There was more in the show that I haven’t mentioned above, and I hope you have time to listen to it, and will share it if you find it useful.  

Here’s how Tom described the show on the WSLR website:

On Wednesday, February 24 at 9am, our first guest on the Peace & Justice Report was Andy Worthington, an investigative journalist, author, campaigner, commentator and public speaker. Missed it? You can listen to it in the WSLR archives! Andy is recognized as an authority on Guantánamo and the “war on terror.”  He’s the co-founder of the websites Close Guantánamo and We Stand With Shaker. See his response to statements about the Biden administration’s proposed closure of Guantánamo made on February 12 by White House press secretary Jen Psaki, who, asked whether President Biden would shut the prison before the end of his presidency, told reporters, “That certainly is our goal and our intention.”

As of Wednesday, the prison at Guantanamo Bay had been open 6,985 days. Read Andy’s Review of The Mauritanian, the film based on the best-selling memoir “Guantánamo Diary” by Mohamedou Ould Slahi, who, based on nothing more than suspicion, was subjected to a horrendous torture program at Guantánamo in 2003, and, despite the case against him collapsing, wasn’t released until 2016. We discussed the 40 men still held there, the inadequacy of the status of all of them (six approved for release but still held, 12 charged or tried in a broken trial system, and 22 consigned to oblivion as “forever prisoners”).

* * * * *

Andy Worthington is a freelance investigative journalist, activist, author, photographer (of an ongoing photo-journalism project, ‘The State of London’), film-maker and singer-songwriter (the lead singer and main songwriter for the London-based band The Four Fathers, whose music is available via Bandcamp). He is the co-founder of the Close Guantánamo campaign (and see the latest photo campaign here) and the successful We Stand With Shaker campaign of 2014-15, and the author of The Guantánamo Files: The Stories of the 774 Detainees in America’s Illegal Prison and of two other books: Stonehenge: Celebration and Subversion and The Battle of the Beanfield. He is also the co-director (with Polly Nash) of the documentary film, “Outside the Law: Stories from Guantánamo” (available on DVD here, or here for the US, or you can watch it online here, via the production company Spectacle, for £2.55).

In 2017, Andy became very involved in housing issues. He is the narrator of the documentary film, ‘Concrete Soldiers UK’, about the destruction of council estates, and the inspiring resistance of residents, he wrote a song ‘Grenfell’, in the aftermath of the entirely preventable fire in June 2017 that killed over 70 people, and he also set up ‘No Social Cleansing in Lewisham’ as a focal point for resistance to estate destruction and the loss of community space in his home borough in south east London. For two months, from August to October 2018, he was part of the occupation of the Old Tidemill Wildlife Garden in Deptford, to prevent its destruction — and that of 16 structurally sound council flats next door — by Lewisham Council and Peabody. Although the garden was violently evicted by bailiffs on October 29, 2018, and the trees were cut down on February 27, 2019, the resistance continues.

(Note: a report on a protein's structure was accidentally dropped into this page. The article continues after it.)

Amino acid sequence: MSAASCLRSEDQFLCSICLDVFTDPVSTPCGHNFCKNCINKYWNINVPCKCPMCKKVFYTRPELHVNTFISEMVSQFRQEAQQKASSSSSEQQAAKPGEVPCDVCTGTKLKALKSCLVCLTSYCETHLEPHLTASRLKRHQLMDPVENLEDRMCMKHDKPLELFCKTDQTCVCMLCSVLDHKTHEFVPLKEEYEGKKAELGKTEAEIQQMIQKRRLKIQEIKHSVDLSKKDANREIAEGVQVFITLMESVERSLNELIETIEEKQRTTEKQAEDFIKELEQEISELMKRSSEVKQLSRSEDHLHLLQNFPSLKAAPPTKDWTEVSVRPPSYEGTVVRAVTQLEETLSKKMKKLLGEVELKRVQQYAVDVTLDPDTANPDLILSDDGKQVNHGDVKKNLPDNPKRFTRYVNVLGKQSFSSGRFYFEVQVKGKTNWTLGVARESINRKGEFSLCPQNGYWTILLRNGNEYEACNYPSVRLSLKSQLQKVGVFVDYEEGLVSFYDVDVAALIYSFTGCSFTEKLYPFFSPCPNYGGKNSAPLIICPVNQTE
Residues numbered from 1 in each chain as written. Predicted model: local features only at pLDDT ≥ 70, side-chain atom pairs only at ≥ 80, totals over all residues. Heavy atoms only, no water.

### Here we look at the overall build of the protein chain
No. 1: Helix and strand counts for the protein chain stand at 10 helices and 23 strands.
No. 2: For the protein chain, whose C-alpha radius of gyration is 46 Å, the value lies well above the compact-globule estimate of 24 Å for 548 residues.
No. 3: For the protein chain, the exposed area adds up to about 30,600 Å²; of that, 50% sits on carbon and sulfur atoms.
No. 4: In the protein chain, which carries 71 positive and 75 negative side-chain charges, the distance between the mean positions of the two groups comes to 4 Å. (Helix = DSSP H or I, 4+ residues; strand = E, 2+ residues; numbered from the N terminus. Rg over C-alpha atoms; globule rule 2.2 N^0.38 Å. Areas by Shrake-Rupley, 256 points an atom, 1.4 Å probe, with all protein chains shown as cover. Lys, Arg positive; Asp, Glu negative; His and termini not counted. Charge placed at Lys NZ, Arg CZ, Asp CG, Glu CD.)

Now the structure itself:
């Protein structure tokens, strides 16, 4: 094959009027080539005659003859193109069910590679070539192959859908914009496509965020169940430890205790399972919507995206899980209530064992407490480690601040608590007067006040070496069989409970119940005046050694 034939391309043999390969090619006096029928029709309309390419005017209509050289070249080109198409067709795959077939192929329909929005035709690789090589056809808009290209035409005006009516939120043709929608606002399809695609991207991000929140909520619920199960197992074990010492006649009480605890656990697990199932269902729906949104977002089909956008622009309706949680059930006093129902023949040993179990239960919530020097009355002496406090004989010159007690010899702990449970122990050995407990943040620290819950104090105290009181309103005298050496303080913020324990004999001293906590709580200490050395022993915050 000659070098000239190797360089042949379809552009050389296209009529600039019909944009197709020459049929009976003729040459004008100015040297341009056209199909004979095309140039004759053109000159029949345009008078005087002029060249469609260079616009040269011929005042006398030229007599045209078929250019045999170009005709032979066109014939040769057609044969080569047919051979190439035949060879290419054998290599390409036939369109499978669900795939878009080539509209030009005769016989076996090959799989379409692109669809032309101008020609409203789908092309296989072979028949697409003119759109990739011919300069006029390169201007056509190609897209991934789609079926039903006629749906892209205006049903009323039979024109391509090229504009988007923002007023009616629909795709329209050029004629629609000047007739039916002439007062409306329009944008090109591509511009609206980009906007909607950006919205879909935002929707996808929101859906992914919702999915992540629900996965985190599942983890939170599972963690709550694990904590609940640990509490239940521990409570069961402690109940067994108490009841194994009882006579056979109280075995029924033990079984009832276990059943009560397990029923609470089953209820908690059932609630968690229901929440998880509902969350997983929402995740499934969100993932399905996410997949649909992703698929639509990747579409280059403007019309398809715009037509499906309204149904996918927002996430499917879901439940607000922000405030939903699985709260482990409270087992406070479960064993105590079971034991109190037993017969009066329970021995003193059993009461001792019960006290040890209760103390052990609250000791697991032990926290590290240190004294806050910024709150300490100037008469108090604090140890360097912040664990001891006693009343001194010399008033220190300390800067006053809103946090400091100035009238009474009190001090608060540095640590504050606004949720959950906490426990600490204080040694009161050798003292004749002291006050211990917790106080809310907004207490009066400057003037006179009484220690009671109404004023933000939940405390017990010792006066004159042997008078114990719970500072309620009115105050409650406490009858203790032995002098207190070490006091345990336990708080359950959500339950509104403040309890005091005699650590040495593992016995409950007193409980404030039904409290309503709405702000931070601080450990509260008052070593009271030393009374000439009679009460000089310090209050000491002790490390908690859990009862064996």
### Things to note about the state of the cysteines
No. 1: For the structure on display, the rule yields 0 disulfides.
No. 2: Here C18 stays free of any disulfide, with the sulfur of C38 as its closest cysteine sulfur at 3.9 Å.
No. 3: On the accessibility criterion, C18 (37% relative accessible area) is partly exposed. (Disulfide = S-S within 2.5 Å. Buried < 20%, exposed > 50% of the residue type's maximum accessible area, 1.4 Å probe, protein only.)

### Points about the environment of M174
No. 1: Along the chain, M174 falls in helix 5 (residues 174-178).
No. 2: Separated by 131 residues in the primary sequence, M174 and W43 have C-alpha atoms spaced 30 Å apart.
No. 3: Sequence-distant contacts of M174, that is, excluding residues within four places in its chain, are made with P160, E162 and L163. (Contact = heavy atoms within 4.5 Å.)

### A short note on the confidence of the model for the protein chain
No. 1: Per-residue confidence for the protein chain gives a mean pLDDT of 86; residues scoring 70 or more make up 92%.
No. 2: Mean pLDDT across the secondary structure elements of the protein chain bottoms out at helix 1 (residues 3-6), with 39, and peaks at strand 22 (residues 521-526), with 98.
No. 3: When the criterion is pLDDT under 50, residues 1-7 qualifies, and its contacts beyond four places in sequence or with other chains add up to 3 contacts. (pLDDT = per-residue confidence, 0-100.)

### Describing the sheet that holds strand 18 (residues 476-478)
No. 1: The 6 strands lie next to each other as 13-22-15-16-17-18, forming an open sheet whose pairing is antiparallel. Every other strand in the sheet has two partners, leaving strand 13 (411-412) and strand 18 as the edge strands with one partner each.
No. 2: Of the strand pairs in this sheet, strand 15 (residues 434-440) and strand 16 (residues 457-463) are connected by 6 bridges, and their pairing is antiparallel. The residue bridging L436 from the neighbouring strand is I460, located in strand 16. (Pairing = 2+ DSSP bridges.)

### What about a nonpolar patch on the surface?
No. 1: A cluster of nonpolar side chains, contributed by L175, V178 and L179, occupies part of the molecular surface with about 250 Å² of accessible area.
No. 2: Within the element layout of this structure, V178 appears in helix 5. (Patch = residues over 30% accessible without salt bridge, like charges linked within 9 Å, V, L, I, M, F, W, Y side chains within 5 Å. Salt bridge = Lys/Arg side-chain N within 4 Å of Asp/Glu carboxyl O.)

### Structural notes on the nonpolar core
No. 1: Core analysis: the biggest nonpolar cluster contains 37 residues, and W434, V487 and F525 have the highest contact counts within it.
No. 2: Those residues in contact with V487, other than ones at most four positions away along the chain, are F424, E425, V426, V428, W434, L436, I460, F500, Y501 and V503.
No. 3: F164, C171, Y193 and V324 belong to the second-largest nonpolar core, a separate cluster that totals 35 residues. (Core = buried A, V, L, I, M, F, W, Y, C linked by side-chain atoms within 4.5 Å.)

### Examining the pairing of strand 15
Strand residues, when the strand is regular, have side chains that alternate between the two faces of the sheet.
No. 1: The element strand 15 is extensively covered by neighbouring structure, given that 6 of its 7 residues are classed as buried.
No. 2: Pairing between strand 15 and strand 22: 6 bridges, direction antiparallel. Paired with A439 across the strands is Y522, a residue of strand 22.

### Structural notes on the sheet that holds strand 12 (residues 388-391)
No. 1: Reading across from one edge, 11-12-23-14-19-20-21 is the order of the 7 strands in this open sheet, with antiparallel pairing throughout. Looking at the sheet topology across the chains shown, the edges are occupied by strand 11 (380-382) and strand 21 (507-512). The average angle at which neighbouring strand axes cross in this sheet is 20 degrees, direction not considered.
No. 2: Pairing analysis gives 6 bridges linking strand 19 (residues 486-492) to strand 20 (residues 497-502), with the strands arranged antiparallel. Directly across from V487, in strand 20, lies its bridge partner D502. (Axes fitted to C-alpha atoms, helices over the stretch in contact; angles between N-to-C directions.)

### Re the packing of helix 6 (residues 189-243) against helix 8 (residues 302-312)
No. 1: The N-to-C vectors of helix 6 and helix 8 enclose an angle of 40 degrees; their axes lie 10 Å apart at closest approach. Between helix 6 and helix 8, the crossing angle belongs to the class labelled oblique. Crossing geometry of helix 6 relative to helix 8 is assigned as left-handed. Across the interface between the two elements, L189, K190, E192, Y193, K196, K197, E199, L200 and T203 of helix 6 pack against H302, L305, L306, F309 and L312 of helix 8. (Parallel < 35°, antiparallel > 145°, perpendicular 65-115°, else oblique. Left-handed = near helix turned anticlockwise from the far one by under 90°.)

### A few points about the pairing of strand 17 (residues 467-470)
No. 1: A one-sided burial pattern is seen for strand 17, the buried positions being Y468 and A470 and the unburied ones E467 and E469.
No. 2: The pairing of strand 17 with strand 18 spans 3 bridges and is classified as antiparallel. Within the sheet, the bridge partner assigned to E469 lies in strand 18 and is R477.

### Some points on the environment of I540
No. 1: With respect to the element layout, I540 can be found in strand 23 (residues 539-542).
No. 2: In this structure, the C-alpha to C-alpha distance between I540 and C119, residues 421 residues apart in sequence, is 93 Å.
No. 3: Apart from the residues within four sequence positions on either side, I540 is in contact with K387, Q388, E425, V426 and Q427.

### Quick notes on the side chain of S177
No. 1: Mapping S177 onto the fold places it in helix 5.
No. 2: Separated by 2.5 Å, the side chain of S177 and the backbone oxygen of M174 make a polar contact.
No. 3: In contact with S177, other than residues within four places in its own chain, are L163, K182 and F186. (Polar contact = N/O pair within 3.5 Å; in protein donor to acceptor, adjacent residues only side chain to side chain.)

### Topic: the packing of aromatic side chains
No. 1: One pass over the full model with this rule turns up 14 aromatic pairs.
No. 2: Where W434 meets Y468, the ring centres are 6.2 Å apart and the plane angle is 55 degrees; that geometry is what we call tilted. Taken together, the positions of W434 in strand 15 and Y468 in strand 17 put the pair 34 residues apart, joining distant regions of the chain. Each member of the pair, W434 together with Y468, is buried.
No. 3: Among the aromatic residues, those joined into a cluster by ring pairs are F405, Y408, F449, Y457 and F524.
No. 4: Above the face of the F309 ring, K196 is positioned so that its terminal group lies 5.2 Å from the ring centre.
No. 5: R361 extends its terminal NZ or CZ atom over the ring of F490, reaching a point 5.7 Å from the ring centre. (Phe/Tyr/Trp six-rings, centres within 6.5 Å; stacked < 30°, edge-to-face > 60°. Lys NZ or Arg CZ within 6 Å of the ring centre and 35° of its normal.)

To receive new articles in your inbox, please subscribe to Andy’s RSS feed — and he can also be found on Facebook (and here), Twitter, Flickr and YouTube. Also see the six-part definitive Guantánamo prisoner list, The Complete Guantánamo Files, the definitive Guantánamo habeas list, the full military commissions list, and the chronological list of all Andy’s articles.

Please also consider joining the Close Guantánamo campaign, and, if you appreciate Andy’s work, feel free to make a donation.

One Response

  1. Andy Worthington says...

    When I posted this on Facebook, I wrote:

    Here’s my latest article, linking to, and discussing my recent half-hour interview about Guantanamo with Bob Connors and Tom Walker on their show, “The Peace and Justice Report,” on WSLR 96.5, a community radio station in Florida, in which I discussed what we might expect from the Biden administration, the importance of the new film, “The Mauritanian,” based on the best-selling memoir of former prisoner Mohamedou Ould Slahi, and much more.

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Andy Worthington

Investigative journalist, author, campaigner, commentator and public speaker. Recognized as an authority on Guantánamo and the “war on terror.” Co-founder, Close Guantánamo and We Stand With Shaker. Also, photo-journalist (The State of London), and singer and songwriter (The Four Fathers).